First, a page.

The Liturgy of the Word is the major part of the Mass between the Opening Prayer and the Preparation of the Gifts, during which the Word of God is proclaimed (Readings), responded to (Responsorial Psalm), authoritatively explained (Homily), accepted and held fast (Profession of Faith), and appealed to (General Intercessions). This liturgical proclamation is not simply a reading but an event, a happening — even more, it is a salvific event. It brings before the assembly the Word that God wants to speak to us today. It enables us to encounter Christ Who “is present in His Word… when the Holy Scriptures are read in the Church.”


The Liturgy of the Word, which takes place at the Lectern. Because God speaks to us in his Word in the Bible we listen to these readings with great attention and it would be better to have prepared at home to understand them better. Vatican II told us that when the Scriptures are proclaimed in Church Christ himself is speaking to us (Sacrosanctum Concilium 7). Vatican II says "The Church has always venerated the divine Scriptures just as she venerates the body of the Lord, since, especially in the sacred liturgy, she unceasingly receives and offers to the faithful the bread of life from the table both of God's word and of Christ's body." (Dei Verbum 21). Like a silken thread drawn through cloth of gold, the prayer idea of the Collect runs through the Liturgy of the Word. In days of old, this was called the Lesson. During the Scripture readings the congregation sits, after the custom of the ancients.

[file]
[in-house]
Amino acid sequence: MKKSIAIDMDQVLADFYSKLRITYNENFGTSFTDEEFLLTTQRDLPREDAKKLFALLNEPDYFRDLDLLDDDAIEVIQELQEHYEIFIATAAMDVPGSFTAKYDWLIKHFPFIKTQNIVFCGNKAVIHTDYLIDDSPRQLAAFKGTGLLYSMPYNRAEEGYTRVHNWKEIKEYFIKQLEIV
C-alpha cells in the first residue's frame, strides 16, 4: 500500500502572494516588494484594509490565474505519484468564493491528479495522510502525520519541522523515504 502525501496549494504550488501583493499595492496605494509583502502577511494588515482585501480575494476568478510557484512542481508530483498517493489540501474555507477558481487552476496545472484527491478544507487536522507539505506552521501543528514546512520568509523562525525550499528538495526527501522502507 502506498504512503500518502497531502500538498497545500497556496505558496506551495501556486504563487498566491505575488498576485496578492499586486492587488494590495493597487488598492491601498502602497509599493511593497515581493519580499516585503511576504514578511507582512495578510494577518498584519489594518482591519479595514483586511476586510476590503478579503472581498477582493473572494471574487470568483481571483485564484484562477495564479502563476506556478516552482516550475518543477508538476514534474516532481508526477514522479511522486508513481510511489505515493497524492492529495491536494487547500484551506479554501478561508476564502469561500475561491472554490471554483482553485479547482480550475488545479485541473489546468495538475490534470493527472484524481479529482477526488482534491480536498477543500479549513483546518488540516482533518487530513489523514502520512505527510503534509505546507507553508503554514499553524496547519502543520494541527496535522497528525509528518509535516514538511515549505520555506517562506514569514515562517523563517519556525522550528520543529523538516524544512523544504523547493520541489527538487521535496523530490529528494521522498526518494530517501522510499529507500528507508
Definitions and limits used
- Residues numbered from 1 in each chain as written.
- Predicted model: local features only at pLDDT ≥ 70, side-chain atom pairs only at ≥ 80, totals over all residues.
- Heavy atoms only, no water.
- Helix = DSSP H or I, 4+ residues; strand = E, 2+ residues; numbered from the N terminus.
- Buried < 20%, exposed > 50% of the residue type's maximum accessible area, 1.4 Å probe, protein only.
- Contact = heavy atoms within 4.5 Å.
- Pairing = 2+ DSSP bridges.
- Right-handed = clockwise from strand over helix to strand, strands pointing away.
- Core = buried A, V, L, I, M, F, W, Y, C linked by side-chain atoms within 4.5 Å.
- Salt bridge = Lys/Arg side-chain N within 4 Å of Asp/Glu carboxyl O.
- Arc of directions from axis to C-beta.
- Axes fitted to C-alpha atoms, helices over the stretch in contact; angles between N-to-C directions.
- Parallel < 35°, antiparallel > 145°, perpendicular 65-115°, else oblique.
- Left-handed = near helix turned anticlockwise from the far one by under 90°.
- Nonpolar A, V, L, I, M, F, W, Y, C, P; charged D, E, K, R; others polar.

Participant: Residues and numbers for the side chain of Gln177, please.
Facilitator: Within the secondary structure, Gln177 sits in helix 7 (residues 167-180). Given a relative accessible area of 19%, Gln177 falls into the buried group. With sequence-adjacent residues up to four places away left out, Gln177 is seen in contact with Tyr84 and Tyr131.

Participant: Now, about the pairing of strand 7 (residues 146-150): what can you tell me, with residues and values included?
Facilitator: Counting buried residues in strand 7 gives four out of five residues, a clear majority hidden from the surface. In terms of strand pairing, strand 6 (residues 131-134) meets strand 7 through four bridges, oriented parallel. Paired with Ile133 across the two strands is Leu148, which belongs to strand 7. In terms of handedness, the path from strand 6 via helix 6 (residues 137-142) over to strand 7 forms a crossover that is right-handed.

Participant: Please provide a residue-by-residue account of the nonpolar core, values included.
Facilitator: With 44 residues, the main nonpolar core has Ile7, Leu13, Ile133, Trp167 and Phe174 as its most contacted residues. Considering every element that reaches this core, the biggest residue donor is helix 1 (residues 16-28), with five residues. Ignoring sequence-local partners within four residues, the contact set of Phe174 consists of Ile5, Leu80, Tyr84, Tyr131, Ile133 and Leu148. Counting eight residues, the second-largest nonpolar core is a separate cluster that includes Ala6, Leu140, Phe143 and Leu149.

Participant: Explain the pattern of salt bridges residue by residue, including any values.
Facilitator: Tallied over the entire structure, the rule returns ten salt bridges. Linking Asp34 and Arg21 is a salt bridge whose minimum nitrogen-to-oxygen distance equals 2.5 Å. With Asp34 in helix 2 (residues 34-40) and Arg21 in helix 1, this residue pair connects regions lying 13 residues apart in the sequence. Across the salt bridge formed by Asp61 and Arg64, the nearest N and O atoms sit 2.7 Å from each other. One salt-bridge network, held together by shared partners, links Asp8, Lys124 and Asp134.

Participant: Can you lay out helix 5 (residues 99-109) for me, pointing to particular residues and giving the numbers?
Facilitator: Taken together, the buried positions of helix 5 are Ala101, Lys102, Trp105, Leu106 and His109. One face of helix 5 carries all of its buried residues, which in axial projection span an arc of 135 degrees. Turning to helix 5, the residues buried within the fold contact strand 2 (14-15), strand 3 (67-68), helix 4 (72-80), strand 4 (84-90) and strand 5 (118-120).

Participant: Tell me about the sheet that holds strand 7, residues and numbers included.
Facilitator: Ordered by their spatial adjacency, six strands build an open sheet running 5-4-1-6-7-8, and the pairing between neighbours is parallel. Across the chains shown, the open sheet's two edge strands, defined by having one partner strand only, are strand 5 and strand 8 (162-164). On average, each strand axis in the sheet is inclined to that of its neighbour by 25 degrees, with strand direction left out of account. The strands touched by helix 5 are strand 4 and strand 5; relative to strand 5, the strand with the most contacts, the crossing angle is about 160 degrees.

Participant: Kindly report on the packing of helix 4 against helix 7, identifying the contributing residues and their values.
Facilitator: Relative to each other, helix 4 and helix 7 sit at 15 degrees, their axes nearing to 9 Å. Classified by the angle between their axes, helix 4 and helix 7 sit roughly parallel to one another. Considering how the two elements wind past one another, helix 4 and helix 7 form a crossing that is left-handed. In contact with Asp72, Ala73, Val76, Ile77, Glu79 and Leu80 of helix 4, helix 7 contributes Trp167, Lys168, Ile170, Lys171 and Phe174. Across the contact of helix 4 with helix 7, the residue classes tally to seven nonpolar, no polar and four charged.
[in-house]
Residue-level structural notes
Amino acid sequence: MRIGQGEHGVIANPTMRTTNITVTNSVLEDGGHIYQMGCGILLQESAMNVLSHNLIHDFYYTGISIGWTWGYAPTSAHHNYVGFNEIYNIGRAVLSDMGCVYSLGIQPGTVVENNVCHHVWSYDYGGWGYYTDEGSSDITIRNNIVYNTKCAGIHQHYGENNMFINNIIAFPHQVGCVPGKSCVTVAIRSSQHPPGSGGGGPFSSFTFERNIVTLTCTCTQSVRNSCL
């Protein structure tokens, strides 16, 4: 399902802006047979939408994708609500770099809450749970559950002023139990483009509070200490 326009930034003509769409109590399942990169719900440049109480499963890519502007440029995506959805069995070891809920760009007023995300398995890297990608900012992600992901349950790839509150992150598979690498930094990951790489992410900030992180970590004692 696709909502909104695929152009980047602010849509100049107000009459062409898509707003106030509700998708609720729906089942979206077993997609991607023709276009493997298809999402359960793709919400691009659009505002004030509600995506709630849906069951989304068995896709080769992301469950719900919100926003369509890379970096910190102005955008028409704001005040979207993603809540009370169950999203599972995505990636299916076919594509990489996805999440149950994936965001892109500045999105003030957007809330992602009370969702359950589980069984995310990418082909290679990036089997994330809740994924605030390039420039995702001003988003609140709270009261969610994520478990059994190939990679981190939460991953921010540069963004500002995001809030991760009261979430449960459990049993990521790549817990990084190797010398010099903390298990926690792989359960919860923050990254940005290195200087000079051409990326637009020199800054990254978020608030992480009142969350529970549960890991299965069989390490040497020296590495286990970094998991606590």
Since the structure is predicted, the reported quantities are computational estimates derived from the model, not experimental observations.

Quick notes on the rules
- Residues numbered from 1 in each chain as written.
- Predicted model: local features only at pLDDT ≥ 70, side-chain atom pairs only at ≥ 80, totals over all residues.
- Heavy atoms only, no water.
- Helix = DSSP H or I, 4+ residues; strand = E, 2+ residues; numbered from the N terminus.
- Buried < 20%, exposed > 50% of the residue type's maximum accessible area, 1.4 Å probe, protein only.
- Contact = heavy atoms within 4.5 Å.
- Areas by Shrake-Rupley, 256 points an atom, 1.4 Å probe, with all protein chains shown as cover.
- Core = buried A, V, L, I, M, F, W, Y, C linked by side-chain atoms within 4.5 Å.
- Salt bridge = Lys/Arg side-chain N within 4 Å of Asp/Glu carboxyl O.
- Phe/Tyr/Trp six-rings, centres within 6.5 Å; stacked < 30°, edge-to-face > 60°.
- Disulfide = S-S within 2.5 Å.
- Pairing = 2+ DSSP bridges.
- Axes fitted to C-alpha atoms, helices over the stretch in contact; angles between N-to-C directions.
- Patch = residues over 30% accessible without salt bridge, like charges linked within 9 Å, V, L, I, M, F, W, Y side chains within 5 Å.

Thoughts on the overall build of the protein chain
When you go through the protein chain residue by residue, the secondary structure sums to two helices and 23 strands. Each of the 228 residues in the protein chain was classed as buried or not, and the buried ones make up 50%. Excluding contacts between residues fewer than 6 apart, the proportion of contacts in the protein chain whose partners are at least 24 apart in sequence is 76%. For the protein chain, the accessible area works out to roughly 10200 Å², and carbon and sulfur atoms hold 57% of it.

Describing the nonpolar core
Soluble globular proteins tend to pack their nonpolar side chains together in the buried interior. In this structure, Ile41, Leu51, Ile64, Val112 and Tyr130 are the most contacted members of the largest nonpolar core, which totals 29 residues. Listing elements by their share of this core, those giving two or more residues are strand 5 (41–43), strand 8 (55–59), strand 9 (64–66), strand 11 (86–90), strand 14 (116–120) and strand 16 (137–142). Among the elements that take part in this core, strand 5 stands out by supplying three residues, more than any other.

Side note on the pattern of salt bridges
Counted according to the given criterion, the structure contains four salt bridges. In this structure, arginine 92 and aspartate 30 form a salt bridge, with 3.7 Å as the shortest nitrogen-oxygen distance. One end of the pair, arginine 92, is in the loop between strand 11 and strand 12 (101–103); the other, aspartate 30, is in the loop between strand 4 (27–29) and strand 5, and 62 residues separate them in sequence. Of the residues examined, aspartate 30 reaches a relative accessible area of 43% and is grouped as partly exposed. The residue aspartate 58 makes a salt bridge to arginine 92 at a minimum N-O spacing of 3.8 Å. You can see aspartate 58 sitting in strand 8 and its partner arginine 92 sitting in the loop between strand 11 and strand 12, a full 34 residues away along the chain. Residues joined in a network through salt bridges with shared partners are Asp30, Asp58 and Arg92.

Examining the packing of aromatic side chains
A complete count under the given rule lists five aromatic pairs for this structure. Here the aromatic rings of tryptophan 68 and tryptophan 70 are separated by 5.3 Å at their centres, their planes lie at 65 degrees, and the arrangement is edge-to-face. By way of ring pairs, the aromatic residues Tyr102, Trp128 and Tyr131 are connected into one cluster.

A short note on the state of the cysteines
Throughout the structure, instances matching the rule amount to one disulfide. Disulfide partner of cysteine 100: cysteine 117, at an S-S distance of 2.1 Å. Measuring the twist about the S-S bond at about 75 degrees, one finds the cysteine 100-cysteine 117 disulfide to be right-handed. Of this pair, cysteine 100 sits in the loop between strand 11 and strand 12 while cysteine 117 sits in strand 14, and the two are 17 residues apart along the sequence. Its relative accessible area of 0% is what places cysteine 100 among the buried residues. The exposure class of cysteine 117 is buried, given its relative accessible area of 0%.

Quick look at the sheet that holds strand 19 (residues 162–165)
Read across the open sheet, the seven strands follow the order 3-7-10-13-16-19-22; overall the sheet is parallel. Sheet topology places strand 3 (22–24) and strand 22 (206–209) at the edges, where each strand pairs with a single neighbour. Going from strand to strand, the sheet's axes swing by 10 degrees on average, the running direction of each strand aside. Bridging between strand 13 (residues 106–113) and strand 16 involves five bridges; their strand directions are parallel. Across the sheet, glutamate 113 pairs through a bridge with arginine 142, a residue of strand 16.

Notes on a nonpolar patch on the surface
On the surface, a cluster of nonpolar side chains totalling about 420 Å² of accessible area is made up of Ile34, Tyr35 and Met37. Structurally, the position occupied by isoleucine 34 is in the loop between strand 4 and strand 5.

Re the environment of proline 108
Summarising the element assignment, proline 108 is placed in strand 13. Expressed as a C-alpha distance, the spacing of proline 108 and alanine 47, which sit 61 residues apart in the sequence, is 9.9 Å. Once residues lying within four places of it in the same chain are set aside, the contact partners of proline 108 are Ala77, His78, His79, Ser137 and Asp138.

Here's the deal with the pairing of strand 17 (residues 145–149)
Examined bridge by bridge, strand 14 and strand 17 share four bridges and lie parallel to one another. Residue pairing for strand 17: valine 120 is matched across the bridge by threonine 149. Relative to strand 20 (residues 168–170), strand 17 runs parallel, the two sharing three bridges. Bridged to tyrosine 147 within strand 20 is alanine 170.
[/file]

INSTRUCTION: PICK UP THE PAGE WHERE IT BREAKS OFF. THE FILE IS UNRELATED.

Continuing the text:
The Readings are taken from the Scriptures according to a definite pattern. To allow the faithful to become familiar with more of the Bible during the Mass, cycles were instituted so that the worshipers can hear more of the Scriptures and the celebrant has a greater variety on which to preach.

Sundays therefore have a three-year cycle —one for each of the synoptic Gospels, A: Matthew; B” Mark; C: Luke. Year C is always divided into three parts. John’s Gospel is used to supplement the year of Mark since the latter’s Gospel is so brief. In Lent and Easter, parts of John fit into all three cycles. 

Weekdays have a two-year cycle of First Readings. Thus on weekdays the Gospel selection is the same each year.

During the Jewish synagogue service, the books of Moses (the Law) were read continuously from one session to another, and the Prophets were also read “at will.” The early Church made use of this tradition by inserting at least one Old Testament reading in the Liturgy of the Word.